Environmental factors, including climate change, have a strong influence on both human wellbeing and the stability of health systems.
The predicted rise in eye diseases and disruption of ocular health services will increase the number of people suffering vision impairment.
The impact of climate climate thus poses a far greater threat to eye health than conditions such as dry eye and allergies.
Climate change has a significant impact on our health, as well as the stability of healthcare systems, governments, and local communities. It is a global emergency that affects us all on a personal, community, national, and global scale.
Environmental degradation, air pollution, and climate change are having devastating effects all over the world, with vulnerable and low-income communities bearing the brunt of the burden.
Climate change is exacerbating poverty and health disparities while impeding the global health community's efforts to achieve universal health coverage and eye care.
Why the eyes are especially at risk
The eyes are one of the most unique organs of the body susceptible to developing diseases resulting from environmental factors.
Since they are exposed directly to the environment, any changes in weather, climate, dry conditions, and air pollution can affect them. Indeed, it is estimated that approximately 20% of cataract cases are the direct result of ultraviolet (UV) radiation overexposure.
Unchecked climate change causing further depletion of the ozone layer could therefore yield a significant jump in the incidence of cataracts and ocular diseases such as pterygium, acute photokeratitis, acute solar retinopathy (solar burn to the retina), photoconjunctivitis and various other serious ocular conditions.
How environmental change can impact the eyes
Early research has linked increased trachoma infection to high temperatures and low rainfall – both of which are exacerbated by climate change. Meanwhile, vitamin A deficiency is expected to rise as food insecurity rises as a result of changes in predictable rainfall patterns, which cause floods and droughts and affect crops.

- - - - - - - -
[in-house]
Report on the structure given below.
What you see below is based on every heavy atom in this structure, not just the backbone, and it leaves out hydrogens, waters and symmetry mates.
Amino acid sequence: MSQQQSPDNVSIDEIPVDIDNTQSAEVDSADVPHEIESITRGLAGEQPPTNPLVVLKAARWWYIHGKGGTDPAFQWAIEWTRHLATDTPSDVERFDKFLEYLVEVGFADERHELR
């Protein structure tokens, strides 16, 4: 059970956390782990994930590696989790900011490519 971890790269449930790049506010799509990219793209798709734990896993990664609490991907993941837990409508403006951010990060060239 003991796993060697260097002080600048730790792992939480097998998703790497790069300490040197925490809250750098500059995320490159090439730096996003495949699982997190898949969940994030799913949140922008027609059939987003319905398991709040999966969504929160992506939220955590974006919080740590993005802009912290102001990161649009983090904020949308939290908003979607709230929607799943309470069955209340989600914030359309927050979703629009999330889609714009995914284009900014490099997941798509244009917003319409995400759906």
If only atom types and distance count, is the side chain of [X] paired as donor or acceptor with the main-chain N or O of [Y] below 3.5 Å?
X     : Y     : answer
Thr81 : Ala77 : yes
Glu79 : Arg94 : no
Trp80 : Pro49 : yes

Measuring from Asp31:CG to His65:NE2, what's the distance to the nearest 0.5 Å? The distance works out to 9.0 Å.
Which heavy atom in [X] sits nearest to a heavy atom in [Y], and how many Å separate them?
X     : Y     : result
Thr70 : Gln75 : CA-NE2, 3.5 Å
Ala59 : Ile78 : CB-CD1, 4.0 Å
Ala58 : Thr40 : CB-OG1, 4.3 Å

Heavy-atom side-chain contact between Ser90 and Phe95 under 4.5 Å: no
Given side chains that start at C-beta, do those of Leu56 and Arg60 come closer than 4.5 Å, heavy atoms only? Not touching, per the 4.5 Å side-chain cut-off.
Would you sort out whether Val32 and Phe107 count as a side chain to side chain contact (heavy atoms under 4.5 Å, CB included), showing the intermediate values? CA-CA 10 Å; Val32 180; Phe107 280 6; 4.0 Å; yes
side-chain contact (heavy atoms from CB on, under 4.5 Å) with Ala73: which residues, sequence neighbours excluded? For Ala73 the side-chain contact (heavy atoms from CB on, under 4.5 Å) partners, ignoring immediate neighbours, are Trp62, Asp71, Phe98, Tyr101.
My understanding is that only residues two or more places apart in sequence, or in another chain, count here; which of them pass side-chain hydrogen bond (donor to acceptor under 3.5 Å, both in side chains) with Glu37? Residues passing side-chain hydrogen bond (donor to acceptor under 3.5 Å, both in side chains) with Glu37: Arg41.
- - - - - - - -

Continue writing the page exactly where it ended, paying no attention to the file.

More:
Because of the loss of the ozone layer and increased UV rays that affect the eye, global warming can contribute to the onset and acceleration of cataracts. Furthermore, traffic-related air pollution is linked to severe allergic eye diseases, glaucoma, and age-related macular degeneration.
Extreme weather events will cause an increase in physical injuries, including eye injuries, and previous research has shown that people with visual impairments and disabilities are particularly vulnerable.
Hurricanes and windstorms around the world have caused the temporary closure or destruction of medical facilities and supply chains for essential medical supplies such as medications, surgical supplies, eyeglasses and visual aids.
Climate change is expected to push already vulnerable populations into extreme poverty, further limiting their access to health care. The combination of predicted increases in eye disease and disruptions in eye care services will worsen the prevalence of vision impairment and blindness in our communities, with vulnerable populations being disproportionately affected.
This further highlights the immediate need to appreciate and understand the urgency of climatic changes and how detrimental they can be to eye health as well as communicate this urgency to change the behaviour of people, trigger a more inclusive response from world leaders, and prevent a catastrophic onset of eye diseases in the future.
Impact on ocular health must be considered
The environment with which we interact influences population health. As this environment changes, so will the prevalence and severity of a wide range of ocular diseases.
As the world begins to better understand the effects of global temperature rises on our communities, it is critical to determine the climate risk as it relates to the eyes and visual system. Specifically, to what extent will we see an increase in these ocular diseases, and what impact will this have on a given patient population?
Recent research has found a link between many ocular diseases and their surroundings, but more research is needed to fully understand these interactions. Future research should focus on assessing disease prevalence along lines of socioeconomic development and inequity caused by historic and ongoing colonialism because the effects of the climate crisis are expected to disproportionately affect marginalized communities.
In conclusion, for climate-related decision-making to be inclusive and all-encompassing, healthcare, especially eye care, should not be an afterthought. As governments and world leaders develop policies that have climate implications at the national and global levels, the healthcare sector should be adequately represented and involved in this process.
They must and should recognize the eye care sector as a productive investment rather than an expense.
Dr. Princess Ifeoma Ike - Public Health Optometrist/CEO Princess Vision Eye Clinic Limited Abuja, Nigeria and Global Shaper, Abuja Hub, World Economic Forum